10 Jobs With High Pay, Low Education Requirements

By Michael Kling | October 21, 2009 AAA
10 Jobs With High Pay, Low Education Requirements

You don't have to go to college earn a decent living. Some professions pay good salaries without requiring post-secondary schooling.
A college degree can be a great path towards a well-paying, satisfying profession, but a bachelor's degree isn't for everyone. In fact, some see advanced education as overrated. A surge in the number of college graduates have dampened the value of a college education. College comes intact with high tuition, room and board, and supplies fees - and that's not even factoring in debt payments that usually last for years, if not decades. (Are old debts coming back to haunt you? We'll show you how to keep these zombies from eating you alive, in Dawn Of The Zombie Debt.)

Trusting the 'Net
Beware of online lists of top-paying professions with little schooling. Some lists cite obscure professions or ones requiring long-term on-the-job training. Just because a profession doesn't officially require a degree is no indicator that and education wouldn't be advantageous, especially for inexperienced applicants in today's competitive job market.

Your New Career
Here's a list of top-paying jobs requiring little schooling, and their median annual earnings as of 2006, using the latest data available from the Bureau of Labor Statistics. Keep in mind that these jobs have their own challenges and often require some type of specialized schooling - sometimes on-the-job training.

  1. Air Traffic Controllers: $117,200
    • These workers make sure airplanes land and take off safely, and they typically top lists of this nature. The median 50% earned between $86,860-142,210, with good benefits. Air traffic controllers are eligible to retire at age 50 with 20 years of service, or after 25 years at any age.

      Watching blinking dots on a radar screen that control the lives of hundreds can be stressful, and the job require specialized FAA schooling and on-the-job training. Typically, two to four years of training are needed in order to become fully certified, although previous military experience can cut that time down significantly.

  2. Industrial Production Managers: $77,670
    • They oversee manufacturing activities. A college degree is preferred, but not necessarily mandatory. They often work in industries such as aviation and automobiles.

  3. First-Line Police and Detective Supervisors: $69,300
    • Police officers can advance through the ranks to become supervisors by passing exams and achieving good performance reviews, and advanced training can help win promotions.

  4. Funeral Director: $49,620
    • College programs in mortuary science usually last from two to four years. You typically must also serve a one-year apprenticeship, pass an exam and obtain a state license. Hours can be long and irregular. Dealing with dead bodies and crying relatives isn't for everyone.

  5. Police and Sheriff Patrol Officers: $47,460
    • Police corporals had an average minimum annual base salary of $44,160, according to the International City-County Management Association. But total income can significantly exceed base salary because of overtime pay. And police officers can often retire at half-pay after 25-30 years of service.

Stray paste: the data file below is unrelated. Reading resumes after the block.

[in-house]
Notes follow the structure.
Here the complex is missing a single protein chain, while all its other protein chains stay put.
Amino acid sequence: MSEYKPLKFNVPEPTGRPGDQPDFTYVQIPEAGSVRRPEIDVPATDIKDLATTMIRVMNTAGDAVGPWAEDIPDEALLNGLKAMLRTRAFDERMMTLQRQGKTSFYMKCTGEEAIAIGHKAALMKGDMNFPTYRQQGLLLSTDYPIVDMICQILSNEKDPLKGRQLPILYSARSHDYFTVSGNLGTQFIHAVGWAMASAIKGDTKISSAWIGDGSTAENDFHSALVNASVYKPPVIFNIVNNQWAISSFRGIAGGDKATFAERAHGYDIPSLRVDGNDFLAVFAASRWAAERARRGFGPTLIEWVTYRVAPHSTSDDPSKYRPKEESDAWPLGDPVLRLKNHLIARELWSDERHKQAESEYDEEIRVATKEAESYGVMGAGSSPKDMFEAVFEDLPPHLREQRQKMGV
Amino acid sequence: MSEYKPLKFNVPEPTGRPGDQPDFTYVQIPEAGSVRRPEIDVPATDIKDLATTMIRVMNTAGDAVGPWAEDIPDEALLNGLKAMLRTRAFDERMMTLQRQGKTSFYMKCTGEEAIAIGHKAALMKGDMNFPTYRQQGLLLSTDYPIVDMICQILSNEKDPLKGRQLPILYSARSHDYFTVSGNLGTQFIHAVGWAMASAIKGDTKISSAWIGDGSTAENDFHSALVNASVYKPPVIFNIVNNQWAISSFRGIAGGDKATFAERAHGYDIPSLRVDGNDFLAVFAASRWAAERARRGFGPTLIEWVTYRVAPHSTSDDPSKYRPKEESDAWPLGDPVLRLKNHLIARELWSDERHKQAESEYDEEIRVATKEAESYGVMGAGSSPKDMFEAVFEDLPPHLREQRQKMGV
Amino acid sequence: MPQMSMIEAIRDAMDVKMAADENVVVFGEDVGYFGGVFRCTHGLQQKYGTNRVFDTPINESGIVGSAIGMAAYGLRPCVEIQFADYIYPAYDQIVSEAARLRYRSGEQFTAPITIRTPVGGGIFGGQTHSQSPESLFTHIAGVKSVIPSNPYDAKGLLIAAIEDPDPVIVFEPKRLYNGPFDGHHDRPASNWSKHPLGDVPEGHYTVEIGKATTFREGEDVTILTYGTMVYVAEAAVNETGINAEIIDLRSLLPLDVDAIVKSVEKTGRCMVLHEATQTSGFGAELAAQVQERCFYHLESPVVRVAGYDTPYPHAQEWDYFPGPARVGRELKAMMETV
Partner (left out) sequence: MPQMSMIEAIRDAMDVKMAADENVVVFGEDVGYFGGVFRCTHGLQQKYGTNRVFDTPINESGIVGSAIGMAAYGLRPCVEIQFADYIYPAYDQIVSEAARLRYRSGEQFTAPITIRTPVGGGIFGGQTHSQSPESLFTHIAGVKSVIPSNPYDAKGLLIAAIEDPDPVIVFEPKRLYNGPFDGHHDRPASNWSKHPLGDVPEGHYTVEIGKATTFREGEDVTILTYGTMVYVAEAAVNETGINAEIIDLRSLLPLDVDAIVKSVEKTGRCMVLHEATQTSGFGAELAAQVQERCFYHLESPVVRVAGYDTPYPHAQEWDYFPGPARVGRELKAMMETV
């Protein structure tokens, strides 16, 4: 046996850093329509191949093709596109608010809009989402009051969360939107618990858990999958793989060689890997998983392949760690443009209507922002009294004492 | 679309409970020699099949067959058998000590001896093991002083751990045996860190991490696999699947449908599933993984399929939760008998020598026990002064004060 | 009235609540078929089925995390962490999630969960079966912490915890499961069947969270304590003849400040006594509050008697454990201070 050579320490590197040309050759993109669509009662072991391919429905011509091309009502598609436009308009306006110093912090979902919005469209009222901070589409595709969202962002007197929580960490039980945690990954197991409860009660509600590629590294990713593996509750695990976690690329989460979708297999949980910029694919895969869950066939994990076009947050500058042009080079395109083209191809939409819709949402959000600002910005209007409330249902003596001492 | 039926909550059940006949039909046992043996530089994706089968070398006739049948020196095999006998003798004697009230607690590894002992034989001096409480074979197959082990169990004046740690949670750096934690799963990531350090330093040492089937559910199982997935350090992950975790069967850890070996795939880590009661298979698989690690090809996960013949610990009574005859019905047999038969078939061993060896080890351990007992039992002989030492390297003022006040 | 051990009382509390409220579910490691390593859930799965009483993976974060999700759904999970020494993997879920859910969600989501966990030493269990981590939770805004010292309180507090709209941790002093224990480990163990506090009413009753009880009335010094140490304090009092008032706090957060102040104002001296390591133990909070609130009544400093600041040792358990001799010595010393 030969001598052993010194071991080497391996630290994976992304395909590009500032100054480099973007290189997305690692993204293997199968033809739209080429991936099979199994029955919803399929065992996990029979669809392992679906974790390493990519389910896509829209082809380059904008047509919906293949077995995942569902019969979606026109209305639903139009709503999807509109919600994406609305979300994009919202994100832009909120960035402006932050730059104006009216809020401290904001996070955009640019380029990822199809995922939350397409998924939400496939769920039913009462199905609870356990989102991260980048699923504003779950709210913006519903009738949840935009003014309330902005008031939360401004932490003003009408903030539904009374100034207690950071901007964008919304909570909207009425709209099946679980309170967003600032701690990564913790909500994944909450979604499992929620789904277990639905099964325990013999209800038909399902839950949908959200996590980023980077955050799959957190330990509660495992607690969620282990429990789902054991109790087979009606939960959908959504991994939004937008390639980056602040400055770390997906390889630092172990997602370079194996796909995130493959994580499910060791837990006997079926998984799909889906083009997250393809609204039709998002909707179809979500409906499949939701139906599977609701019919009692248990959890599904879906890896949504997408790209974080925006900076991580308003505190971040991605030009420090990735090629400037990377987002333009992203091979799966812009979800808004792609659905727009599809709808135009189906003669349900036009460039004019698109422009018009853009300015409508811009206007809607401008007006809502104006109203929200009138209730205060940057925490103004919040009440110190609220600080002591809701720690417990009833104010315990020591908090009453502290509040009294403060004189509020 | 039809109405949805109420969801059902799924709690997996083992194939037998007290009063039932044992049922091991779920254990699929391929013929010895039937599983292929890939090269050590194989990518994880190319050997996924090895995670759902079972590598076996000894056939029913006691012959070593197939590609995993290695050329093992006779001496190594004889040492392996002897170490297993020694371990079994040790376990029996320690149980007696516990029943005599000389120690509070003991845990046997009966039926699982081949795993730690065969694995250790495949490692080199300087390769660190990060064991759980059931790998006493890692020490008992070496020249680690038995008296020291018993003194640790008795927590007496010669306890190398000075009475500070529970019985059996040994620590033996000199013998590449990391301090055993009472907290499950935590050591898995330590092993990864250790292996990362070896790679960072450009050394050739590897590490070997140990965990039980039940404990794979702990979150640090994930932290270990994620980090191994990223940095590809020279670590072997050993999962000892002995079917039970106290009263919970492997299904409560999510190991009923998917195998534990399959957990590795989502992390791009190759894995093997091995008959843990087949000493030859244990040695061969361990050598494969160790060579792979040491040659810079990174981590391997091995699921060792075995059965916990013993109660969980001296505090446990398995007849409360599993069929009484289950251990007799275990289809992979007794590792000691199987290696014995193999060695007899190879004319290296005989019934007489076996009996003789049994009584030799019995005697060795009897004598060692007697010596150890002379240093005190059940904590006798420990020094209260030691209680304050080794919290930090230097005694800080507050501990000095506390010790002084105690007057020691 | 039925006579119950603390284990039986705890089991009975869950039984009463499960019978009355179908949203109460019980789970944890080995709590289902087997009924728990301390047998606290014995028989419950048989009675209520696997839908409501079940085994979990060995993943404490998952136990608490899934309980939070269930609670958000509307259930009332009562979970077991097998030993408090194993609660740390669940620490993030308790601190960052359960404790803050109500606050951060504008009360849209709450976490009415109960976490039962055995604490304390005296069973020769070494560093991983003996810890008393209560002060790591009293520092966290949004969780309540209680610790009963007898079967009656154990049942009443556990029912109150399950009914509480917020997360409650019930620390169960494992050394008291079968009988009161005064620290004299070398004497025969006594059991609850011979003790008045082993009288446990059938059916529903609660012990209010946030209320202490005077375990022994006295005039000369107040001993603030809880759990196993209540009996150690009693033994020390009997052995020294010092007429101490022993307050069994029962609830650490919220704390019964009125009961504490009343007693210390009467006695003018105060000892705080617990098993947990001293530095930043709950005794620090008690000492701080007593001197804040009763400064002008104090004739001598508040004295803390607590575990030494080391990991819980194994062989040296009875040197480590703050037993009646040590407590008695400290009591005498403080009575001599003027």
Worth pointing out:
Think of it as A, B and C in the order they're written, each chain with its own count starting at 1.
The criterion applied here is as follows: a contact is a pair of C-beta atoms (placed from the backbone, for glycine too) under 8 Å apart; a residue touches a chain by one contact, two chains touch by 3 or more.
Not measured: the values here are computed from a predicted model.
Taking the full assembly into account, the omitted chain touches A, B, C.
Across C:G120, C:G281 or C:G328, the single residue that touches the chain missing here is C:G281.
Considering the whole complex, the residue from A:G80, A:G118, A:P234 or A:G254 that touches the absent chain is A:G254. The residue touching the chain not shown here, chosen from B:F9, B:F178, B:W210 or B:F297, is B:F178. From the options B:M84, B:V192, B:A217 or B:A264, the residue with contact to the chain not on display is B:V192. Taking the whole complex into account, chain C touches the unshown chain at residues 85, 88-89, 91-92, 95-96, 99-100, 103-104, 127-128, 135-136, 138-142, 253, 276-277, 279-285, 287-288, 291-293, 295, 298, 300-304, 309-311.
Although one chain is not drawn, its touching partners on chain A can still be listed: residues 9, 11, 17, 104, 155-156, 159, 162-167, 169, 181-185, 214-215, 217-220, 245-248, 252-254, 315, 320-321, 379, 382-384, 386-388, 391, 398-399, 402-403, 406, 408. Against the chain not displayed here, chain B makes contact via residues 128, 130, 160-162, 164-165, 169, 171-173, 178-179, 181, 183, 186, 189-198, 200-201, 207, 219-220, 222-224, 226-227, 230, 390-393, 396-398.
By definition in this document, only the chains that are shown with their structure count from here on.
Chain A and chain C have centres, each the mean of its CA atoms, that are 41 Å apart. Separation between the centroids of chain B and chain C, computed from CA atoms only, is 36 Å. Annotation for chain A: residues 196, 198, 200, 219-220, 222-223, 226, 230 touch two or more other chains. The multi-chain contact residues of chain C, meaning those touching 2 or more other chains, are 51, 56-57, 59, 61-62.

Applicants usually must have at least a high school education, and some departments require a year or two of college or even a degree. Rookies are trained at police academies.

  6. Advertising Sales Agents: $42,750
    • 20% have a high school degree or less, and 10% have an Associate's degree.

  7. Real Estate Brokers and Sales Agents: $39,760
    • Don't let that figure fool you; the highest 10% earned more than $111,500. While advanced coursework is not necessarily required, new entrants must pass an exam and get a state license. Connections in the community and a willingness to work hard are what really count, but experience and a good housing market also help.

  8. Occupational Therapist Assistants: $42,060
    • These workers usually need an associate degree or a certificate. They work with occupational therapists, helping injured patients recover from, or compensate for, lost motor skills. Job prospects are good in the growing health care field, especially for those with some post-secondary education.

  9. Occupational Therapist Aides: $25,000
    • These employees receive most training on the job. Under supervision of occupational therapists, they also work with injured people. Competition for jobs is tougher for those with only a high school diploma.

  10. Physical Therapist Assistants: $41,360
    • These workers deal with physical therapists, helping patents improve mobility, relieve pain or overcome injuries or disabilities. Those working in home health care services tend to make more on average. Aides, earning an average of $22,000, are trained on the job. Assistants, who have greater responsibilities, typically need an associate's degree.

The Bottom Line
Despite a recession, plenty of career paths can lead to well-paying professions without spending four years or more hitting the books, including opportunities in law enforcement, health care and sales. The goal is to find a job that matches your own particular talents and preferences in addition to supporting your lifestyle. (Make your dream a reality. Find out what you can do to reach this financial goal, in How To Make A Million In Your Small Business.)

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